In its previous quarterly results announced less than two months ago, Netflix (NFLX) reported a 10% increase in revenues to $905 million while its profits dropped by 87.7% to $7.67 million. Throughout 2012 the company has fallen far short of its growth projections - adding only 1.2 million subscribers in Q3 - and finally had to downgrade them from 7 million new users to just 5.4 million. Netflix's stock dropping on bad news has been nothing short of de rigeur for the past 18 months and it seemed as if every bit of news was an implied negative for it even when it necessarily wasn't - Amazon's (AMZN) Epix deal comes to mind. However, in the first week of December, Disney (DIS) and Netflix announced a deal that reinforces a meme I've been discussing for months now. Disney is looking for new distribution avenues for its content as it remakes its revenue streams to emphasize content creation rather than distribution and broadcast, ie. ESPN and Disney cable stations.
Disney's shows and movies are currently aired on Starz network but starting in 2016, only Netflix's subscribers can watch Disney's titles from Walt Disney Animation, Marvel, Pixar and Disneynature on their TV's, computers, phones and tablets. Netflix will also have Pay-TV rights over new Dreamworks releases from 2013 onward. No matter how much Netflix may have tarnished their brand last year with the Quikster debacle, the fact remains that they are a dominant player in content distribution with a superior interface and technology alongside their data gathering on viewer habits that content producers are desperate for.
This is a major setback for Starz which currently has the rights to air movies by Disney and its subsidiaries just eight months after their theatrical release. Liberty Media Corp (LMCA), the parent of Starz, relies heavily on Disney as the latter constitutes about half of Starz content. Its own original content, which includes the Spartacus series, simply cannot sustain the network at this point. This deal will certainly spoil Liberty Media's plans to spin-off Starz into a separate company through an IPO. Its shares fell by almost 5% on 4th December when Disney announced its departure. However, Starz still has first-run rights to titles released by Sony Pictures Entertainment, owner of Columbia and Tri-Star and a subsidiary of Sony Corp. (SNE).
As soon as the news was revealed, Netflix's stock jumped by 15%. This gives them the ammunition to compete with whatever streaming versions of their service HBO and Showtime put together. This deal, in a sense, is almost a triple win for Netflix as Disney has recently acquired Lucasfilm and the Star Wars franchise. Even though the first Star Wars film under Disney's banner will be released before 2016, you can bet that having exclusive right to air Episode 7 weighed heavily in this deal. Its immediate impact is that Netflix subscribers can start watching other non-exclusive Disney titles - "Alice in the Wonderland" for example - instantly. This is a huge win for NetFlix's children's lineup.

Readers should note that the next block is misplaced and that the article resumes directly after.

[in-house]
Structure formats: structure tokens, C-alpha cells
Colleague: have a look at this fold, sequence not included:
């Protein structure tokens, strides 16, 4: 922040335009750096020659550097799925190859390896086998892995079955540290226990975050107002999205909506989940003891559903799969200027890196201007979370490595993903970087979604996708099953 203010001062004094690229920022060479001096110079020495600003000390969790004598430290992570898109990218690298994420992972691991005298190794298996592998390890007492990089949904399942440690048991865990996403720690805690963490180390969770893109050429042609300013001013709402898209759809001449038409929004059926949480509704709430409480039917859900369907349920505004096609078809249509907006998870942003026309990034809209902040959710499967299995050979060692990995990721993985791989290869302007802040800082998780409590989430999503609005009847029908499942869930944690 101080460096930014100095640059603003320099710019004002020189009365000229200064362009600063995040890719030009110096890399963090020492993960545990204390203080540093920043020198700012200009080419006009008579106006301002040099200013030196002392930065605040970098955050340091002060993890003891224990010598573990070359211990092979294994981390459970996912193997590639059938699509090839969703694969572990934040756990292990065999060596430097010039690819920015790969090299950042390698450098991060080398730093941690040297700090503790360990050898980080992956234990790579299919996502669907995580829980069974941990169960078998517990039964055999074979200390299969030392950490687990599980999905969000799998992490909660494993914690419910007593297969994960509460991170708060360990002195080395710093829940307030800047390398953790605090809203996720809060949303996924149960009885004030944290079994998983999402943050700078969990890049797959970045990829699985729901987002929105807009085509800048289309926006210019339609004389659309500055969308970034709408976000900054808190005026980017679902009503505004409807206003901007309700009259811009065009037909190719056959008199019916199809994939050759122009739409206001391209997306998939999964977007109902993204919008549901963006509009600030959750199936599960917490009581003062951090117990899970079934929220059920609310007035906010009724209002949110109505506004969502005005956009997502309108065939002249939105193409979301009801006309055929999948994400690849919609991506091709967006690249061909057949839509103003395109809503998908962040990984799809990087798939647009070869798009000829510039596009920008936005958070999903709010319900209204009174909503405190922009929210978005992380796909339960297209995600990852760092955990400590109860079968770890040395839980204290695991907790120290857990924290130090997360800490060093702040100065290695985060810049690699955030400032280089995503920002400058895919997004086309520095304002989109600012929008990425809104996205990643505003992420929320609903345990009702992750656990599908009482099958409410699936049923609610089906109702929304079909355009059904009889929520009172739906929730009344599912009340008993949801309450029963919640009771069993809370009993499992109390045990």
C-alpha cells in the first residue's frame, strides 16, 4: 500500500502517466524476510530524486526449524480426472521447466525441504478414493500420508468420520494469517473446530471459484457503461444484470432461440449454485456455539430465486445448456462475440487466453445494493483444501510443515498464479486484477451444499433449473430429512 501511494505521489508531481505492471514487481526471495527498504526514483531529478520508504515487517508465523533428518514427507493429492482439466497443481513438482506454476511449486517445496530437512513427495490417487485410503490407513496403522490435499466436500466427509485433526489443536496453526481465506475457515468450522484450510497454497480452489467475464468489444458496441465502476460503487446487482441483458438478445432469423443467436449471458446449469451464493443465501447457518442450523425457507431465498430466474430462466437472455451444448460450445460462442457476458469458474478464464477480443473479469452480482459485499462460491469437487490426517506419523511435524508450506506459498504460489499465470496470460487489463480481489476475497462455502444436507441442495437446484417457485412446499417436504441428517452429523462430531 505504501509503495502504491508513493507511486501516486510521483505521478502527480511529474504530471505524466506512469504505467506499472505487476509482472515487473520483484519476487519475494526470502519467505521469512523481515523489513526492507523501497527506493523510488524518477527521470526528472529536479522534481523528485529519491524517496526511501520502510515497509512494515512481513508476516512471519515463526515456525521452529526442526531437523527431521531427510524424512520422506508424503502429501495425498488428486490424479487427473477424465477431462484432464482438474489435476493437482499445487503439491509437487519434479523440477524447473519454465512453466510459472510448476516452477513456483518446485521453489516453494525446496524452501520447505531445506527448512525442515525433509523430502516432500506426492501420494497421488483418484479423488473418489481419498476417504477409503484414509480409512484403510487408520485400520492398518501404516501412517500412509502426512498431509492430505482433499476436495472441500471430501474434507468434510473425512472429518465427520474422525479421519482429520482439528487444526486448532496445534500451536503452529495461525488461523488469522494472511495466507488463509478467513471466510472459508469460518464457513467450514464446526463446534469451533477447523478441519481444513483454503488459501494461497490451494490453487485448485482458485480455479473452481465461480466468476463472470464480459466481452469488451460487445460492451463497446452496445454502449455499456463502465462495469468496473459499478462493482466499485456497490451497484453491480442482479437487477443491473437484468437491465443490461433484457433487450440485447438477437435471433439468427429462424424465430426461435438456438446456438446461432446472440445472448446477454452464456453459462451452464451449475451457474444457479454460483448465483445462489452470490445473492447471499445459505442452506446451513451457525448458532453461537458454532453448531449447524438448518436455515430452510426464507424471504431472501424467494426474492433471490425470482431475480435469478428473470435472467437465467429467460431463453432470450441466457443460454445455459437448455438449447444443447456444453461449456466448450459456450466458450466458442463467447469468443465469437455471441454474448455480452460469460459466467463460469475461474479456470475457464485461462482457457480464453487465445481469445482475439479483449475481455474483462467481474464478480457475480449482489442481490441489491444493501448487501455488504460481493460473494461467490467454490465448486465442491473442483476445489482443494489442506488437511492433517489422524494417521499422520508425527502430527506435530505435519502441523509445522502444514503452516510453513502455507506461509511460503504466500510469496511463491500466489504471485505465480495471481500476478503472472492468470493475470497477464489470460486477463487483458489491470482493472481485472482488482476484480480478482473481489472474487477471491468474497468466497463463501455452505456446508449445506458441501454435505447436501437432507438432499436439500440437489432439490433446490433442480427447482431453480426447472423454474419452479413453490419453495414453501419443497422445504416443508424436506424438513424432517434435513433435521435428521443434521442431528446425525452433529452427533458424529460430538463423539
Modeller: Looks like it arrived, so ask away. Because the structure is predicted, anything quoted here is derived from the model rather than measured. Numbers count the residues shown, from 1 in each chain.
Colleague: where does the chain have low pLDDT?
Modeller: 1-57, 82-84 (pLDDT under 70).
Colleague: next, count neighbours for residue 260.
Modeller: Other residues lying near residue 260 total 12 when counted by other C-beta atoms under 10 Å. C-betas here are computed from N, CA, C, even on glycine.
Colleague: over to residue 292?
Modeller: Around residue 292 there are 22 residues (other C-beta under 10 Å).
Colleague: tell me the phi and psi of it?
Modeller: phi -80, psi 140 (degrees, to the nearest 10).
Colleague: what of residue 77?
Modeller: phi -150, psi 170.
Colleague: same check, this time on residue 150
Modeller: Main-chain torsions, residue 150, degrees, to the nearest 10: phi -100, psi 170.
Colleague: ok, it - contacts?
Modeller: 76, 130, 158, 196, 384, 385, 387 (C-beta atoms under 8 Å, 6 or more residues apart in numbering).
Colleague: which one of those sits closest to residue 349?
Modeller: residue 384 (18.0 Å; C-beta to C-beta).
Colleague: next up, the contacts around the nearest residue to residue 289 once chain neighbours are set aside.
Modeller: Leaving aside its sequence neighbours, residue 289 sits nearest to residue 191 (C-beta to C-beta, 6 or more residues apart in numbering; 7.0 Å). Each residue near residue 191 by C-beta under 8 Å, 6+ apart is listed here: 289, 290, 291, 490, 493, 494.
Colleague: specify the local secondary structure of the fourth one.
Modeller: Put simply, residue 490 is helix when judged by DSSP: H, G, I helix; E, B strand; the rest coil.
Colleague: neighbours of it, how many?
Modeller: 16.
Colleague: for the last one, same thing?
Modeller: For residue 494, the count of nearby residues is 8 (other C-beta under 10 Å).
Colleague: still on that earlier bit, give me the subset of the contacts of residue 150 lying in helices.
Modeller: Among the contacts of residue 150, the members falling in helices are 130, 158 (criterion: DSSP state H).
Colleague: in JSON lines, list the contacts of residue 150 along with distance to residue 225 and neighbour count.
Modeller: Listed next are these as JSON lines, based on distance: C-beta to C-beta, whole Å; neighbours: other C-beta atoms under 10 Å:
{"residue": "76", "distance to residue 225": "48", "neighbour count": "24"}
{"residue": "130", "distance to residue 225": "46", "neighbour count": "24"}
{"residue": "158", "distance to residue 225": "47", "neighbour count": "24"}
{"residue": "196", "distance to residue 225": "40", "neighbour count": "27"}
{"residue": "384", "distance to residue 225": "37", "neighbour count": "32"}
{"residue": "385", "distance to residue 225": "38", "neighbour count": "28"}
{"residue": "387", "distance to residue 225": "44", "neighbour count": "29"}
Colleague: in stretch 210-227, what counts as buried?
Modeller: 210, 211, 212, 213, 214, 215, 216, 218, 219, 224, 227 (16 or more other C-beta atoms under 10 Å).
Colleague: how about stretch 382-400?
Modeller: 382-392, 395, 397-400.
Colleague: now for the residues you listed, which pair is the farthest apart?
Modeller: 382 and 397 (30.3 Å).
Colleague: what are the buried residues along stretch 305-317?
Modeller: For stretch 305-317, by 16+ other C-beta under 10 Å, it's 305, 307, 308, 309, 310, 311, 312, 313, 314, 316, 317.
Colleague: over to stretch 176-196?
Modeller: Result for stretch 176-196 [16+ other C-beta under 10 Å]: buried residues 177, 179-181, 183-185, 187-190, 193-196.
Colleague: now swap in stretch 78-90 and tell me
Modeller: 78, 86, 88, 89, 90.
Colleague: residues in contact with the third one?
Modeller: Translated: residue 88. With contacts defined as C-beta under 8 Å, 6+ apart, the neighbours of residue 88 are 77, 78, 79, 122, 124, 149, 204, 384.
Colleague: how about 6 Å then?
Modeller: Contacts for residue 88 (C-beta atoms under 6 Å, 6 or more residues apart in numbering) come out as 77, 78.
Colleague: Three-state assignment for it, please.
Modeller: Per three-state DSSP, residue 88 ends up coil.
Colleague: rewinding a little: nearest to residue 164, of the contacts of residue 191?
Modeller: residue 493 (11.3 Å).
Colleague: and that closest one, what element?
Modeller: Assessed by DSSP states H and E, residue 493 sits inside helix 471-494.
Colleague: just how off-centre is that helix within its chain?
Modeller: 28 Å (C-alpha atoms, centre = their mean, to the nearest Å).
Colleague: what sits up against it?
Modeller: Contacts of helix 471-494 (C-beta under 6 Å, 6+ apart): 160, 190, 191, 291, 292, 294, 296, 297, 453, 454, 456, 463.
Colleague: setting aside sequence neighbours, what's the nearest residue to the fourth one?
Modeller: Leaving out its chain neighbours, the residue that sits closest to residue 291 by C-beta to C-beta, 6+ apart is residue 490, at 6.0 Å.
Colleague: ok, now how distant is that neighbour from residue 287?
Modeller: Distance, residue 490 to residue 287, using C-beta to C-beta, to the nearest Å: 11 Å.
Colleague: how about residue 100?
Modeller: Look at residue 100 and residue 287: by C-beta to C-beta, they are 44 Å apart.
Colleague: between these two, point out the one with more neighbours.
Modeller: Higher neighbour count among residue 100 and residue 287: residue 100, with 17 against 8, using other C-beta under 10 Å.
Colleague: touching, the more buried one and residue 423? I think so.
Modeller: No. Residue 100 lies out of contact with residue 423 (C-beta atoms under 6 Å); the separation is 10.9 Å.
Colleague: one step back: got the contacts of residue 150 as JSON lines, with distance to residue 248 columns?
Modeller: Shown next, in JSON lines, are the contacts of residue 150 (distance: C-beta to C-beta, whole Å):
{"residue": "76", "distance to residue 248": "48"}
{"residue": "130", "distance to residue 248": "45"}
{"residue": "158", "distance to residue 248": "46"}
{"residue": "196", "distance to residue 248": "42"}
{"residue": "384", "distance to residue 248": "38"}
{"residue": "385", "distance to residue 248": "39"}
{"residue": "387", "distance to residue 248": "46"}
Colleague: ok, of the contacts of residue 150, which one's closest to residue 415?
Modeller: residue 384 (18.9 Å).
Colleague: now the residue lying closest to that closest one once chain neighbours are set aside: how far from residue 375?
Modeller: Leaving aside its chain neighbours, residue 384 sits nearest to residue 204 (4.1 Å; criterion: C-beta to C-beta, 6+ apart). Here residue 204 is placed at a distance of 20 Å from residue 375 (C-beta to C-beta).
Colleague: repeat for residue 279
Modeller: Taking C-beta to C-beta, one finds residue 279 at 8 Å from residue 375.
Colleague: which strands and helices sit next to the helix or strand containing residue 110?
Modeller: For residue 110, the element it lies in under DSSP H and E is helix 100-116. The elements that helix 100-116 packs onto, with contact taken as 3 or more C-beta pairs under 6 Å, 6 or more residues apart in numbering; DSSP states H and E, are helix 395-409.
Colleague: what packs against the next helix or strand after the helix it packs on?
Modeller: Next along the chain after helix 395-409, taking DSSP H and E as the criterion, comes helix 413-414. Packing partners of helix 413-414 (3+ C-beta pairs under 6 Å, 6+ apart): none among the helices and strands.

Netflix has not disclosed the financial details of the deal, most probably because it doesn't want them to overshadow the good will it generates. But at a guess, this deal will include a considerable premium over the $250 million Liberty Media previously paid annually. Everyone was wondering what Netflix was going to do with the money saved from no longer having exclusivity to show Epix content - previously costing them $200 million per year - and now we know. Netflix also had an agreement with Starz to air Disney and Sony movies, so between the savings on that and the Epix premium the cost from this deal should be mostly mitigated. It'll put pressure on their bottom line but it should drive subscriptions up.
What separates Netflix from other services is that by its on-demand nature, viewer habit information that they are acquiring is of higher quality than the time-based broadcast model. This creates a more streamlined conduit between the broadcasters and the producers, taking the advertisers out of the loop in terms of dictating the kind of content they want produced to push products. It will cause a subtle shift in how advertising manifests itself. If Netflix is successful in effecting this industry transformation advertisers will have to work harder at the creation stage of the content to insert themselves into the process as opposed to latching onto the finished product afterwards. In other words, you should expect to see more product placement and possibly direct investment by corporations in content production.
Amazon is trying to create something similar with its prime video service as are others. But, the user experience on Amazon is atrocious and why would companies like Google want the headache of dealing directly with the media companies. Where's the value-add for them? Apple (NASDAQ:AAPL) through iTunes is the major threat to Netflix at this point and one could speculate that fear of Apple being able to dictate terms to the studios and media companies is part of the reason they keep cutting lesser deals with cash-strapped players, i.e. Netflix and Amazon. Be that as it may, Netflix is ahead of the curve in terms of content distribution, now they just have to figure out how to properly monetize it.